I agree with Diogenes' mention of Sonic Rush Adventure because I feel to date that game has the most enjoyable bosses in the entire series (apart from maybe the true final one but that was another seperate Super Sonic minigame so, irrelevant).  They're super creative and satisfying and you are pretty much always looking for ways to attack them.

I think the best bosses are ones that have a variety of attacks - but all, or at least MOST of them, provide opportunities for you to attack back.  I don't feel a boss battle should ever go more than 15-20 seconds without presenting the opportunity to do SOME damage.  Of course, some attacks should be harder to seize the counterattack opportunity than others - let the player decide whether they want to play it safe or not.

I don't feel a franchise like Sonic should ever have any prolonged moments of the player feel they are simply waiting around for something to happen.  There's a point where you have to deconstruct the boss down into pure mechanics and figure out "is it providing a dynamic challenge that plays out differently depending on the player's actions, beyond simply success or failure, or is it basically saying "okay you dodged these hazards once... but can you do it SEVEN MORE TIMES!?""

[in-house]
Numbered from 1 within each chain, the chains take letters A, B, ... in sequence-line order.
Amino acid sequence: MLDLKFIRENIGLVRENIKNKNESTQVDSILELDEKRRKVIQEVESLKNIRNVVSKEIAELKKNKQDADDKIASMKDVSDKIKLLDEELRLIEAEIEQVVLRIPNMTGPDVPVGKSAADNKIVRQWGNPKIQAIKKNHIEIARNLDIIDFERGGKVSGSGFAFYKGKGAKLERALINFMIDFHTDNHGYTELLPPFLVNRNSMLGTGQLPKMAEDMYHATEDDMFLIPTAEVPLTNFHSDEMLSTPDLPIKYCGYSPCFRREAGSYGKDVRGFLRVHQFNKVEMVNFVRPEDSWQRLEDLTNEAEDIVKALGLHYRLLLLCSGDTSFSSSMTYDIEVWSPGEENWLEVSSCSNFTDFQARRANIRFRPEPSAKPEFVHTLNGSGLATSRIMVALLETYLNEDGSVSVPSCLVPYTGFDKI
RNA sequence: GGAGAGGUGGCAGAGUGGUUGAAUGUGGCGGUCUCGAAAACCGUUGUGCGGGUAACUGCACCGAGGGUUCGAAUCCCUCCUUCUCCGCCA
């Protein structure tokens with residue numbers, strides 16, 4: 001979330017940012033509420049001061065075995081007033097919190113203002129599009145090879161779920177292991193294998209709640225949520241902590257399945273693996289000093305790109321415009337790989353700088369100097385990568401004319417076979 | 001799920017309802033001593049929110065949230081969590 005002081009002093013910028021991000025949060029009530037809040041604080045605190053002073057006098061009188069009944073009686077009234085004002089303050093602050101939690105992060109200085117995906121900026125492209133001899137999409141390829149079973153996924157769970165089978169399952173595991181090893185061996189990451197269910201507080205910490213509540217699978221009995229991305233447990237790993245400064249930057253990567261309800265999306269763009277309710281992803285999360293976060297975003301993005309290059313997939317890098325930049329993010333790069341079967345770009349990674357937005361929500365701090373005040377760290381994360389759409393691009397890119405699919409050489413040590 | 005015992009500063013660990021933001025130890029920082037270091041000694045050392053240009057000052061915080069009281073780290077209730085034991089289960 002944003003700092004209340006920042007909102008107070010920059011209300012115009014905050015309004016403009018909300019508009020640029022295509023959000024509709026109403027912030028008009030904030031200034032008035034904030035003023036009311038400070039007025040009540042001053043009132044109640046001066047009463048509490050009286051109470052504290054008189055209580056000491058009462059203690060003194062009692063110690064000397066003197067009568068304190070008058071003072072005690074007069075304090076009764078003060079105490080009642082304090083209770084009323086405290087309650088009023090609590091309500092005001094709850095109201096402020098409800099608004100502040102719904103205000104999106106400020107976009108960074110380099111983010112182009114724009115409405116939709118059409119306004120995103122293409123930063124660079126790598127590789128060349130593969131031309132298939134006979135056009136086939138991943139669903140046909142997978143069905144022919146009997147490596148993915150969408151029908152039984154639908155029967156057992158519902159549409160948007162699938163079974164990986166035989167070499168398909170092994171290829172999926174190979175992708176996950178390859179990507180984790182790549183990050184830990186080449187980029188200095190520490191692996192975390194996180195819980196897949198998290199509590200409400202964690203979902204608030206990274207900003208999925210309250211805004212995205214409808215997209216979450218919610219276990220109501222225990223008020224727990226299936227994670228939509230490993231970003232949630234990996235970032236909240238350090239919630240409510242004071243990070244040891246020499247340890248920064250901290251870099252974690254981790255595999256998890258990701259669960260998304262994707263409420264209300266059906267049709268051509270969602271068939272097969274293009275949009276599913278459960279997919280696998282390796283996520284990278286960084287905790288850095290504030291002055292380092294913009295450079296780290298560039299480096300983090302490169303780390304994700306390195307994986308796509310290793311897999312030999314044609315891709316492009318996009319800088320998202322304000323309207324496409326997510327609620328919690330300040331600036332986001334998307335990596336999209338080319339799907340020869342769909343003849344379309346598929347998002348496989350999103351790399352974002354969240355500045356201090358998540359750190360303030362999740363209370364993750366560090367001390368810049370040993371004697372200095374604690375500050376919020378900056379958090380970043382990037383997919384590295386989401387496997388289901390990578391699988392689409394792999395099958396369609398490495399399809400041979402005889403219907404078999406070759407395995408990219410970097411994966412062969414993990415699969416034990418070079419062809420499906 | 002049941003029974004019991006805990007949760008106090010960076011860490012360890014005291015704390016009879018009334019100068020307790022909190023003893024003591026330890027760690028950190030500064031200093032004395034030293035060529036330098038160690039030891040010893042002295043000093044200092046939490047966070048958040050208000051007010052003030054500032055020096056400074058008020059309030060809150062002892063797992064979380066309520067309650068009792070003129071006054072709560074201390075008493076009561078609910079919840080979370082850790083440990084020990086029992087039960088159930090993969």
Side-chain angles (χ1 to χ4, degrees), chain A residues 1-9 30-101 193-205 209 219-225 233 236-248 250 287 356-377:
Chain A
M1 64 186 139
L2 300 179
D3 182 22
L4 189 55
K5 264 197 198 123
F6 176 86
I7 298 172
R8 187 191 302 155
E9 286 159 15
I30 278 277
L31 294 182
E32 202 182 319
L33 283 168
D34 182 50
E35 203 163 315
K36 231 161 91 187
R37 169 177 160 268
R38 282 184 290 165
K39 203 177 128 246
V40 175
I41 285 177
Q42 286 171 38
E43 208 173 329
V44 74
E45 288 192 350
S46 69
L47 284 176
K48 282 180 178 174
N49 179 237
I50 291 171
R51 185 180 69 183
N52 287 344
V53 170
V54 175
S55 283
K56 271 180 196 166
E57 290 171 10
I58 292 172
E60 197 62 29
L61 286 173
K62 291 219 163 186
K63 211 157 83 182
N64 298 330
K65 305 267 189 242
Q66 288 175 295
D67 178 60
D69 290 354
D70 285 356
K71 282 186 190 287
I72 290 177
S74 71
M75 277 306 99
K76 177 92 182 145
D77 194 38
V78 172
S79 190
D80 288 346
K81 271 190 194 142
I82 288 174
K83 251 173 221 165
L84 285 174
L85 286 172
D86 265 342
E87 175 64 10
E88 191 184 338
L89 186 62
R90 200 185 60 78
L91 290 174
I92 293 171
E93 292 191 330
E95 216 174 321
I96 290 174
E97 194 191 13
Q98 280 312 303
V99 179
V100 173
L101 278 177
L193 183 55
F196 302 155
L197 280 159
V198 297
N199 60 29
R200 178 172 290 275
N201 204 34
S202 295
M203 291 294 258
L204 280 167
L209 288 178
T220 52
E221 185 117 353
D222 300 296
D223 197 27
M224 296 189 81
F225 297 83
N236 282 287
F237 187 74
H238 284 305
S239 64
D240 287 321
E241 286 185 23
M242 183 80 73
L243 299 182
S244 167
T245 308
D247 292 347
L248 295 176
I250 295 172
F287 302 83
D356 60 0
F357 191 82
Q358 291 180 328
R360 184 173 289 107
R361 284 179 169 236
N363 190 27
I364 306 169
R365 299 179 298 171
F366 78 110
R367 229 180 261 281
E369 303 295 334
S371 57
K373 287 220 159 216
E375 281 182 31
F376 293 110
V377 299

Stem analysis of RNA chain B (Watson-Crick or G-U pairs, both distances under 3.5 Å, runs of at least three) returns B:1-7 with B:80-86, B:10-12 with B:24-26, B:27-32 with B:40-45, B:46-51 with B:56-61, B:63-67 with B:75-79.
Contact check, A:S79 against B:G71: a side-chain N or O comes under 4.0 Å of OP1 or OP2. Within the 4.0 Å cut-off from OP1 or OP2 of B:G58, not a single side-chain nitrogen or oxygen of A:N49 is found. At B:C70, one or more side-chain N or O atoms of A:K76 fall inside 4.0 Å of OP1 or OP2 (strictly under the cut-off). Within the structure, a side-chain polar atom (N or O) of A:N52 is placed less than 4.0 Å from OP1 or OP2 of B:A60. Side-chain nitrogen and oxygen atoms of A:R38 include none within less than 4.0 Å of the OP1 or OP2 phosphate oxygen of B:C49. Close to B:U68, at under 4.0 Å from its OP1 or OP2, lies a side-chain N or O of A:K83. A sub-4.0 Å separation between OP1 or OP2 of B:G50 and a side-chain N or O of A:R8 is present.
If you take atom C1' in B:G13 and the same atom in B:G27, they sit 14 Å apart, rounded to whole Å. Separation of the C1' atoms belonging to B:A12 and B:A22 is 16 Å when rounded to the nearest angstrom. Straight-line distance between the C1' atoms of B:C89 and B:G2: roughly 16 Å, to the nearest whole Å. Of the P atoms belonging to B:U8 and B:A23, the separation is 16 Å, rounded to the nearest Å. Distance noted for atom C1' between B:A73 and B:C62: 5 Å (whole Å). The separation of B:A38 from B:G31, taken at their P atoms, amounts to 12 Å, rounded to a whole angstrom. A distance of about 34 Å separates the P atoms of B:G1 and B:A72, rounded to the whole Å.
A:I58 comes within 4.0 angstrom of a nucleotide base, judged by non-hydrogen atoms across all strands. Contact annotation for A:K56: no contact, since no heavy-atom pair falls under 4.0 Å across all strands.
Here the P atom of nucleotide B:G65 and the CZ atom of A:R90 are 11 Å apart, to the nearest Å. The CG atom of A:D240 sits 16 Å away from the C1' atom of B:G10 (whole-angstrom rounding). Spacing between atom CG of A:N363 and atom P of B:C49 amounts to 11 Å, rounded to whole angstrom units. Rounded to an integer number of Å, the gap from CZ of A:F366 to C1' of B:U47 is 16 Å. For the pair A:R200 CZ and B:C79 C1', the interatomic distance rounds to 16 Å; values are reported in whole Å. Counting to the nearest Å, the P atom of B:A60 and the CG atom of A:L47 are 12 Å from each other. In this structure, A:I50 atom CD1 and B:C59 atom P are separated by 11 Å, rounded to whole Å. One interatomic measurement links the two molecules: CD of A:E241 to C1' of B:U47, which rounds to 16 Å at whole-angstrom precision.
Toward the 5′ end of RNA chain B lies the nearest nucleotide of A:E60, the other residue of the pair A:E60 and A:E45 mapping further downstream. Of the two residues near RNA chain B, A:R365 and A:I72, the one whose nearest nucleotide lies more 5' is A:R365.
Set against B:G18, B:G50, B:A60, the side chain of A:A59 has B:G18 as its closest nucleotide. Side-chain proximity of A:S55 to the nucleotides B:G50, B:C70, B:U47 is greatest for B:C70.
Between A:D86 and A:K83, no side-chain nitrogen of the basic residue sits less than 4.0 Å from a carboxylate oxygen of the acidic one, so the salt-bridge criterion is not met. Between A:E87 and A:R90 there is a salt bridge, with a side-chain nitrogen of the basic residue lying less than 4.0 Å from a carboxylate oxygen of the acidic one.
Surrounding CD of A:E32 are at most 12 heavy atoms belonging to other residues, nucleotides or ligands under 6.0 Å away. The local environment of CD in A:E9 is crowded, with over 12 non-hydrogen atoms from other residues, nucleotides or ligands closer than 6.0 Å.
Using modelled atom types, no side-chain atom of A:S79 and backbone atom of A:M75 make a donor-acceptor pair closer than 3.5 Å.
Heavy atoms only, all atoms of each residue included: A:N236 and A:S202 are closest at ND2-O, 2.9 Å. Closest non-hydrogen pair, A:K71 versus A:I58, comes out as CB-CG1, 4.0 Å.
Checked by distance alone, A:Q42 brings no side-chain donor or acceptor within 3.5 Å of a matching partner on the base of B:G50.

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44 minutes ago, Shadowlax said:

That isn't true. 

Because like in the first level of generations they teach you " if you boost all the time, you will die" they then teach you that there are sections you kind of need to be aware of their intricacies or you will miss different avenues, and boosting all the time will miss that. They then again in the first level show you instances where boosting will litterally get you know where. 

Also you don't have invincibility, you can be hit, stopped and killed boosting. 

And each subsequent level get more complicated, filled with falls, and filled with boosting negating enemies where boosting all the time isn't exactly advised. I would argue the two most " boosty " levels in generations is City escape, and.... I forget the real name but " the one from unleashed". 

After enough repetition most people can stay boosting through almost all levels in Unleashed and most parts of most levels in Generations without dying. 

2 hours ago, Mayor D said:

The fact that you have invincibility, going from 0 to beyond standard top speed in less than a second, an attack which hits and kills almost every enemy in the game...